When you sit down for a job interview, keep in mind that it's your chance to dig up as much as you can about the company while they do the same to you. It's your chance to get an in-person account of the company's, structure, attitude, and style. Essentially, it's your best opportunity to scope out their culture and determine if it's the right fit for you. Check out these 10 questions you should ask about the company's culture during an interview, collected from Fast Company and The Ladders.
1. For this role, what's the difference between a good employee and a fantastic one?
This question serves two purposes: it shows that you're interested in excelling at your job, and it will help you identify what the company is looking for in an ideal employee. Rarely do companies want to hire someone who will simply coast. This is a simple way to display enthusiasm and learn where the bar for success is set.
2. If you were giving a public tour of the company, which stops would be absolute must-sees?
A company's office can reveal telling information about what it's like to work there, and the interviewer's answer will be just as revealing. Do they guide you towards the active and thriving work areas, or do they mention shallow, flashy aspects of the office like a nice statue or art display? Pay attention to how seriously they take the question, and how they form their answer. Companies with something to be proud of won't have a problem talking about how their office reflects their accomplishments.
3. What's the best part of working for this company that can't be seen in a tour?
The inside of an office can only show so much. Asking this question shows that you're interested in more than presentation. Measure how you interviewer responds to this question. Does their answer seem genuine? Does it take a moment for them to answer you? Do they actually answer the question or brush it off with a joke?
4. How does the role contribute to the company's mission and success?
This question shows off your interest in the position and the company at large; displaying interest in how you contribute to the greater whole demonstrates an air of accountability. The interviewer's response will also tell you how much the company values the role they're trying to fill. Even if you're applying to a lower-end position, the interviewer should be able to identify fairly quickly how the job supports the company. It may be a red flag if they struggle with the question.
5. How do you onboard employees and how are beginner mistakes handled?
Does the company support new employees? The interviewer should be able to tell you about the onboarding process and how rookie mistakes are handled. Do you need to work for a company that prioritizes professional growth of its employees, or can you handle being given absolute responsibility right off the bat?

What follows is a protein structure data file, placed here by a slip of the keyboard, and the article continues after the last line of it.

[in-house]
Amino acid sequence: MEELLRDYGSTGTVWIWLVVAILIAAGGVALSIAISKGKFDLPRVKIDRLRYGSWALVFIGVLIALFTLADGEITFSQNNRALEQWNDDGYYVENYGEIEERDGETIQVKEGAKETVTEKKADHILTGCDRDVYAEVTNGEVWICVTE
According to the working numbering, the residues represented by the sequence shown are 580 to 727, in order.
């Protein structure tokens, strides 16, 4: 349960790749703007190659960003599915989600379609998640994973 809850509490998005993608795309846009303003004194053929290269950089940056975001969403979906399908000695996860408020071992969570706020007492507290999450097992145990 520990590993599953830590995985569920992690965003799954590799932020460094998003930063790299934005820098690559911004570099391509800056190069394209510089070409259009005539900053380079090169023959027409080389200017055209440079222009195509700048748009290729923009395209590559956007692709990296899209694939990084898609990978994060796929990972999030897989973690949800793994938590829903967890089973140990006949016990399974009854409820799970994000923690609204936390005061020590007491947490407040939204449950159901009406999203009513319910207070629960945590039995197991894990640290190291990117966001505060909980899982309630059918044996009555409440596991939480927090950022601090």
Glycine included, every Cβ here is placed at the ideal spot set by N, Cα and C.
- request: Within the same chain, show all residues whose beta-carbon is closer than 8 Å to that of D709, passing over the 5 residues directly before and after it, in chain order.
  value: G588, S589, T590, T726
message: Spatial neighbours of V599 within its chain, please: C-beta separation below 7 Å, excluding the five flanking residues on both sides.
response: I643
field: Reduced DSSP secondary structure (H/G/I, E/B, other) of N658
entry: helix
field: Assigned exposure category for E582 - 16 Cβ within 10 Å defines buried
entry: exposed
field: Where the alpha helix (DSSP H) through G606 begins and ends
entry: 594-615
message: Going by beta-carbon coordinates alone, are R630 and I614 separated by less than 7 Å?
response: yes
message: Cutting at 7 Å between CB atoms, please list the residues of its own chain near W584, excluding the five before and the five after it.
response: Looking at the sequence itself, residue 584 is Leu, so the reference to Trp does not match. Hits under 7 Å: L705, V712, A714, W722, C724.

6. How does the company focus on team development?
All companies require teamwork, so it's important to work for one that fosters communication and synergy. If the company doesn't value either of these, the interviewer will have a tougher time answering the question. Even if you prefer to operate with minimal interaction, poor teamwork can lead to miscommunication or, worse, outright conflict.
7. What are your favorite and least favorite aspects about working here?
This question might catch the interviewer off guard, but it will demonstrate your interest and reveal important information. It should be relatively easy for the interviewer to talk about their favorite part of working at the company, so any sign of hesitation or misdirection should be considered a red flag. Talking about something they don't like might be a bit more difficult. It might seem like an awkward question, but remember that often interviewers will ask you about your weaknesses. Is their answer genuine, or are they trying to force a positive to sound like a negative?
8. What are the top reasons employees like working for you?
This question will, hopefully, get the interviewer to reveal a bit about their management style. Don't worry if they take extra time to respond; many people find self-praise difficult to articulate, especially in a business situation. But, they should eventually be able to produce a few solid reasons why people like working for them. Does the answer sound false or shallow, or is it genuine? Does the interviewer seem to value the same work principles that you do?
9. How would you describe your company's culture in three words?
If you really want to know about the company's culture, why not ask about it directly? This question will challenge the interviewer without directly attacking them. You as a candidate will appear more interested in the company by asking this, but it also forces them to consider what the company culture is like and how to best represent it. This is another opportunity to pick out inconsistencies in their response or other dodgy behavior.
10. What are some of the most common complaints employees make about the company's culture?
This question is another way to force the interviewer to constructively handle a potentially damaging remark about their own company. How frank is the interviewer in their response? Do they lie or wave off the question entirely? Do they try to force a positive remark to sound negative? Everyone has different requirements for honesty and openness in the workplace, and this question will help you gauge how well the prospective company suits your needs.